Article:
I have been told that I have a gift with writing and I’ve earned many writing awards between elementary school and high school. I also feel confident enough in my writing because of the writing skills that I had from my high school’s International Baccalaureate program. However, as a college student, I learned pretty quickly that there were many areas of writing that I still needed to improve. I was surprised to discover that writing involves more than regurgitating information found in sources. Religious Studies (partnered with Alabama’s Blount Program) taught me how to critically evaluate sources, formulate an argument, and then make that argument through analysis. The ability to form a coherent and logical argument in my writing is something that I have used quite often with criminal justice, something I’ve seen my peers struggle with greatly. In fact, many have decided to not write a thesis because they believe that it will be some daunting task; however, the prospect of a thesis does not trouble me, no matter how close it is looming.

With the end of my first semester of graduate school, I have only thing to say: Thanks Religious Studies!

A Response to “Responsible Research Practices,” Part 11: Research Assistants

researchassistantThis is an installment in an ongoing series on the American Academy of Religion’s recently released draft statement on research responsibilities.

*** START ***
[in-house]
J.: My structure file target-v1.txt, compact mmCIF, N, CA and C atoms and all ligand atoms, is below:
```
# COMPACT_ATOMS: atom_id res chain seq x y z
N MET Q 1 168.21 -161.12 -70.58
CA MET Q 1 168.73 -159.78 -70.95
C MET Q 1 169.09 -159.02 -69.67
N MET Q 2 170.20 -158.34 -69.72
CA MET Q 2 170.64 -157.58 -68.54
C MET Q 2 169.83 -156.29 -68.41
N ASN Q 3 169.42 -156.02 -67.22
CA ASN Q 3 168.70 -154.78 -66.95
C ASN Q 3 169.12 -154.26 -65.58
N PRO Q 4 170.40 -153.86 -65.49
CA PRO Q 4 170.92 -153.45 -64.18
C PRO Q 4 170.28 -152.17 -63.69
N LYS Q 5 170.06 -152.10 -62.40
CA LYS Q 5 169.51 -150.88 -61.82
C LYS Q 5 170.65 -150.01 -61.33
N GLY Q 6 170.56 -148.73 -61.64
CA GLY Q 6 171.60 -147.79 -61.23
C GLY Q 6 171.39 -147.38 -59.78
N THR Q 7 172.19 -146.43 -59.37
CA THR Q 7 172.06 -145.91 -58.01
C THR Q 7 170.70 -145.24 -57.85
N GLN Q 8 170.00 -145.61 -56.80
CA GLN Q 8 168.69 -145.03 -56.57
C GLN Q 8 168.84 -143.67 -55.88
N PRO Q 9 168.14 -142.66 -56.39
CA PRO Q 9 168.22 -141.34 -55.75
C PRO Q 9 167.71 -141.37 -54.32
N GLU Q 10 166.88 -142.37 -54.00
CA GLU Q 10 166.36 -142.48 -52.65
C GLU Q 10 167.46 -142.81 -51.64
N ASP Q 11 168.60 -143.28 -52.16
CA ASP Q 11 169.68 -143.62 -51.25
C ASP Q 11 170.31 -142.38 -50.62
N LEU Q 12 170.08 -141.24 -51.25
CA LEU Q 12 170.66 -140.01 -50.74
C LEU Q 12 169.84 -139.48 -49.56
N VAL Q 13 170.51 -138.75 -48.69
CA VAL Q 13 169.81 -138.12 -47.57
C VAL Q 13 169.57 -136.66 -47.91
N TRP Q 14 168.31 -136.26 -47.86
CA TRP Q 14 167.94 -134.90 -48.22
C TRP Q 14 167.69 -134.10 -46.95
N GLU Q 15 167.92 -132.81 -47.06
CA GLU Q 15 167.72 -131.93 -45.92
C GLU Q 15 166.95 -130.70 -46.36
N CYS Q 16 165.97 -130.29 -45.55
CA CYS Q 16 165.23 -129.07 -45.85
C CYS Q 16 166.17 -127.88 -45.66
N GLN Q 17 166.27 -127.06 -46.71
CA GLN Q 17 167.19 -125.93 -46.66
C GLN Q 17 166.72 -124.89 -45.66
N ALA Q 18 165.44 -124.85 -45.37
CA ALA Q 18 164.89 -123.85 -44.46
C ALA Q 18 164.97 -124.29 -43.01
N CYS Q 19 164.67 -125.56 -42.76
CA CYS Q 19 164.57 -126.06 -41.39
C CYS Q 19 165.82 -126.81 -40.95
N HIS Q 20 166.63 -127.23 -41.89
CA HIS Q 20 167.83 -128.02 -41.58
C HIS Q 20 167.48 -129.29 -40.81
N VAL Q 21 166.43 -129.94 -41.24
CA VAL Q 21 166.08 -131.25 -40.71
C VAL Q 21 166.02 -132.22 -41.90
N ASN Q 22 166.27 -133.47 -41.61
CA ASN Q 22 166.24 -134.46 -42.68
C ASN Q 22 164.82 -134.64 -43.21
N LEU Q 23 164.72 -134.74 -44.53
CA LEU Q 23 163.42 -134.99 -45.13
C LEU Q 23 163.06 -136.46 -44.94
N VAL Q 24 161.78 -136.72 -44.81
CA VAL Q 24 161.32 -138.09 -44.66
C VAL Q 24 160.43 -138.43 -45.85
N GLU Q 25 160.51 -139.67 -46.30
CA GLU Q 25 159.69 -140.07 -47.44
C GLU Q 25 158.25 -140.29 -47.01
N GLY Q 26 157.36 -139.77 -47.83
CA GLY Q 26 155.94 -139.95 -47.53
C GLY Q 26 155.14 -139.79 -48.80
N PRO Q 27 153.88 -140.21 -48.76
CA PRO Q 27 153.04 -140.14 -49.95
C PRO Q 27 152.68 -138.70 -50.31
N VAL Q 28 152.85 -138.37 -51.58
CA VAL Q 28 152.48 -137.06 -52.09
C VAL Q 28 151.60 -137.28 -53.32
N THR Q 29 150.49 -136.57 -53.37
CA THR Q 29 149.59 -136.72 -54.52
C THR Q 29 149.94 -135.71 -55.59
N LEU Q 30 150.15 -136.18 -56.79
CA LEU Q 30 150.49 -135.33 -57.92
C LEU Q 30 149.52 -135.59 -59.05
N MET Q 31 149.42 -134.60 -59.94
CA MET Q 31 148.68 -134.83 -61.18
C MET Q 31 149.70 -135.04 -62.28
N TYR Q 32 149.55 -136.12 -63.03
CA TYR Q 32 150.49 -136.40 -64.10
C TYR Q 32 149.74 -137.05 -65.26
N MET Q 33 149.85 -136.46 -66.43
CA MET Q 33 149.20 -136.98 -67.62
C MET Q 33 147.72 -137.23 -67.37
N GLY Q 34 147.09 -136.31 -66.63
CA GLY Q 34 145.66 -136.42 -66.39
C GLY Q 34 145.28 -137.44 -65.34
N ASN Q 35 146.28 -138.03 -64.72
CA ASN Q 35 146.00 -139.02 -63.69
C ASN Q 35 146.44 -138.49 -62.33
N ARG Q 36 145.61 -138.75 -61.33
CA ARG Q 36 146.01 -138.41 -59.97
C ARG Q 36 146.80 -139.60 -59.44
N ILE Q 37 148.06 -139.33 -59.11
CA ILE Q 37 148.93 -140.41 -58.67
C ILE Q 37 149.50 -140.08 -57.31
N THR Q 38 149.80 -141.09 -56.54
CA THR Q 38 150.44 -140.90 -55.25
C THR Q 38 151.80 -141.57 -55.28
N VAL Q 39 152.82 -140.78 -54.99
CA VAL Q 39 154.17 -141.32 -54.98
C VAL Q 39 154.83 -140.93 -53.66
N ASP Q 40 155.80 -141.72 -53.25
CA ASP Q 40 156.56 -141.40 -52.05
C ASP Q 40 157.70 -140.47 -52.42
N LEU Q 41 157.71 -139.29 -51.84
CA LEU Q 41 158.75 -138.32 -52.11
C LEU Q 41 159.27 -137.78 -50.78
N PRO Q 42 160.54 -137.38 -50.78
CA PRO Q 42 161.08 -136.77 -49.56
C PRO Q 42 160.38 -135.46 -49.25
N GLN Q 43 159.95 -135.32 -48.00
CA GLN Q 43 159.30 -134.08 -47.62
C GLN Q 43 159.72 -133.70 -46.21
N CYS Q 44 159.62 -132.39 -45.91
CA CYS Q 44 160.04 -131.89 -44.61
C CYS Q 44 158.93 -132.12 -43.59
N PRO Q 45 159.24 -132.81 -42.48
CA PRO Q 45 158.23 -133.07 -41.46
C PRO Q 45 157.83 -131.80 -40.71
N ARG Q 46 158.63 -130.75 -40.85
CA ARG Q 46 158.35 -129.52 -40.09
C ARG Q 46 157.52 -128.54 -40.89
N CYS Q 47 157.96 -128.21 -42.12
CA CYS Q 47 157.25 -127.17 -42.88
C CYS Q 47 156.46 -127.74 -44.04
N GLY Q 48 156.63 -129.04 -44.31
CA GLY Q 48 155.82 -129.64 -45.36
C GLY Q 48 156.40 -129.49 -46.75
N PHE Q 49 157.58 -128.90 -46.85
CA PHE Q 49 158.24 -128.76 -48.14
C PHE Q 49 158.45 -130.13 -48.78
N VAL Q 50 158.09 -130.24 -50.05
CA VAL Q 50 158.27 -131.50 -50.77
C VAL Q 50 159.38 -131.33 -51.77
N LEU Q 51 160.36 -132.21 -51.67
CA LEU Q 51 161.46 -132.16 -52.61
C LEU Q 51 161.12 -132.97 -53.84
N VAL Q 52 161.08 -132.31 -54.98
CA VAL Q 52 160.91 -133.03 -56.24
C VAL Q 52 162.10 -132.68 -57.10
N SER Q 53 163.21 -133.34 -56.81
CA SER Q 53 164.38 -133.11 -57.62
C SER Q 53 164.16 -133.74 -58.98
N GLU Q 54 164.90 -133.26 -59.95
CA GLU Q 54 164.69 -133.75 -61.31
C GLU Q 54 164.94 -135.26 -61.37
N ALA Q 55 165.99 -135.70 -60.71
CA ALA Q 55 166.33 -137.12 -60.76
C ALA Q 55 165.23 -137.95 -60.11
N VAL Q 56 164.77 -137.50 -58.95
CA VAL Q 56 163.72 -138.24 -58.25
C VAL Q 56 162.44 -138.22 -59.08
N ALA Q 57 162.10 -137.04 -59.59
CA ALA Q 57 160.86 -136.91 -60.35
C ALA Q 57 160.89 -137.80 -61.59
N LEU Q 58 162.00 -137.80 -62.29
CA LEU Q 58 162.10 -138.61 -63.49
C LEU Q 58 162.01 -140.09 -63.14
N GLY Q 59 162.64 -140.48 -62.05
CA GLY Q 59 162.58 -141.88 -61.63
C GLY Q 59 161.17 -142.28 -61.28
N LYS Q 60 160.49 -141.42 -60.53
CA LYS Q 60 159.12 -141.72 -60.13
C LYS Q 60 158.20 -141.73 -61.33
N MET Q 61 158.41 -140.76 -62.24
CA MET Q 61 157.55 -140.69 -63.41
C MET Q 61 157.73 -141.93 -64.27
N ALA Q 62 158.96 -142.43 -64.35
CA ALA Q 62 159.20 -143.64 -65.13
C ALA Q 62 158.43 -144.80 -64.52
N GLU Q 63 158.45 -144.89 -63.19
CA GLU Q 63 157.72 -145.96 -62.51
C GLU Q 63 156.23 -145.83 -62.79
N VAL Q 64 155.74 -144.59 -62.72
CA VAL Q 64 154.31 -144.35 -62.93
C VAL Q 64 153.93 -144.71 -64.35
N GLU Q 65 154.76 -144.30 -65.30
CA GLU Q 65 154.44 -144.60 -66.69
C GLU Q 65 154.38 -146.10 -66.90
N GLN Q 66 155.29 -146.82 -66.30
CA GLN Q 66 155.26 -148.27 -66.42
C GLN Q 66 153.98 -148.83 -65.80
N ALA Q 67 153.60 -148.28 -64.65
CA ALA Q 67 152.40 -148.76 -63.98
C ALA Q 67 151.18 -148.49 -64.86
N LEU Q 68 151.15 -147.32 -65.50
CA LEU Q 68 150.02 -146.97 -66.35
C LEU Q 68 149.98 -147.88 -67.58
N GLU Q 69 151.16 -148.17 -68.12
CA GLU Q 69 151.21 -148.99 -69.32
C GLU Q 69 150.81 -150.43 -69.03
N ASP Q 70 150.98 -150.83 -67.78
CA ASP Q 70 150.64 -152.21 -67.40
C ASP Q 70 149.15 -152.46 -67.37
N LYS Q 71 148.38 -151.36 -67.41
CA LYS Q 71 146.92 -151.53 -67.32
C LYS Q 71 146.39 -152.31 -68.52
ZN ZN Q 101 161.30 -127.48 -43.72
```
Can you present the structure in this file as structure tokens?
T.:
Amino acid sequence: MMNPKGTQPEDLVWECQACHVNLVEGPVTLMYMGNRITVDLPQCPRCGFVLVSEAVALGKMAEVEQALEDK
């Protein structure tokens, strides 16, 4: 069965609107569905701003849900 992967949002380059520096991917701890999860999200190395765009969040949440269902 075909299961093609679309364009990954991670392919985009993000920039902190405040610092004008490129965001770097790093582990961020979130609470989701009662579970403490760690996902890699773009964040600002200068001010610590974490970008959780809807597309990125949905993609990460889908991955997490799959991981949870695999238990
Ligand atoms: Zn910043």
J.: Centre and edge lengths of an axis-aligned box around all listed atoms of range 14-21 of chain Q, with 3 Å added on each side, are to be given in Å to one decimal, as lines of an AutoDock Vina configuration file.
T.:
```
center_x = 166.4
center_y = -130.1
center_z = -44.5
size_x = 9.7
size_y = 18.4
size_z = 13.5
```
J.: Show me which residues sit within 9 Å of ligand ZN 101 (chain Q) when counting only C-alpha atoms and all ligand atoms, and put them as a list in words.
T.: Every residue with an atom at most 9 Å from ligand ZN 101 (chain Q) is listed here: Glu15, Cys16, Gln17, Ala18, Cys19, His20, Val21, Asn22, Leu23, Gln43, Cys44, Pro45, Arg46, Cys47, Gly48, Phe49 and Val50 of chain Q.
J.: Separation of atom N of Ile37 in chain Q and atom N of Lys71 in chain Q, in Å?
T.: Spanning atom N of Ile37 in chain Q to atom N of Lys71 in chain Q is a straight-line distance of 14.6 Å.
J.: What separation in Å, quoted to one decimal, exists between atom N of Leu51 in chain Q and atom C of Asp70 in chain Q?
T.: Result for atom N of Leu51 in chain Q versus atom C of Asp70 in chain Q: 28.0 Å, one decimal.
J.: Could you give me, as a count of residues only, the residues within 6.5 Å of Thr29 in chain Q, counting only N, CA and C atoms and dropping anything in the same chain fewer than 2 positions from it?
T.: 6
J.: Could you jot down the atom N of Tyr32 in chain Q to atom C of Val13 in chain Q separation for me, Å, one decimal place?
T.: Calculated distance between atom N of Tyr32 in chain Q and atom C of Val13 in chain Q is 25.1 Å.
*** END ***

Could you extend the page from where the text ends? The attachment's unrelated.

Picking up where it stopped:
An index of the
complete series (updated as each
article is posted) can be found here.

The second to the last item on the draft document is the only one that concerns our work with students — odd, if you think about it, since much of teaching concerns preparing them to be researchers themselves, so you’d think that a statement on research responsibilities would give some attention to our role mentoring the next generation of scholars. But, instead, the only attention to students reads as follows:

researchassistantsIf there’s been little to no explicit awareness of the loaded nature of terminology so far in the document, then there’s surely no reason to expect it to start now, given that we’ve reached its penultimate section. So we have little choice but to accept that the slippery term “collegiality” is used here as if it is self-evidently meaningful, making it yet another example of how the document fails to live up to the standards that (I would hope) many of us work to attain in our own research (e.g., clearly define your terms, recognize which are contested, identify your assumptions and mount a persuasive case for why you use the term as you do, etc.). Continue reading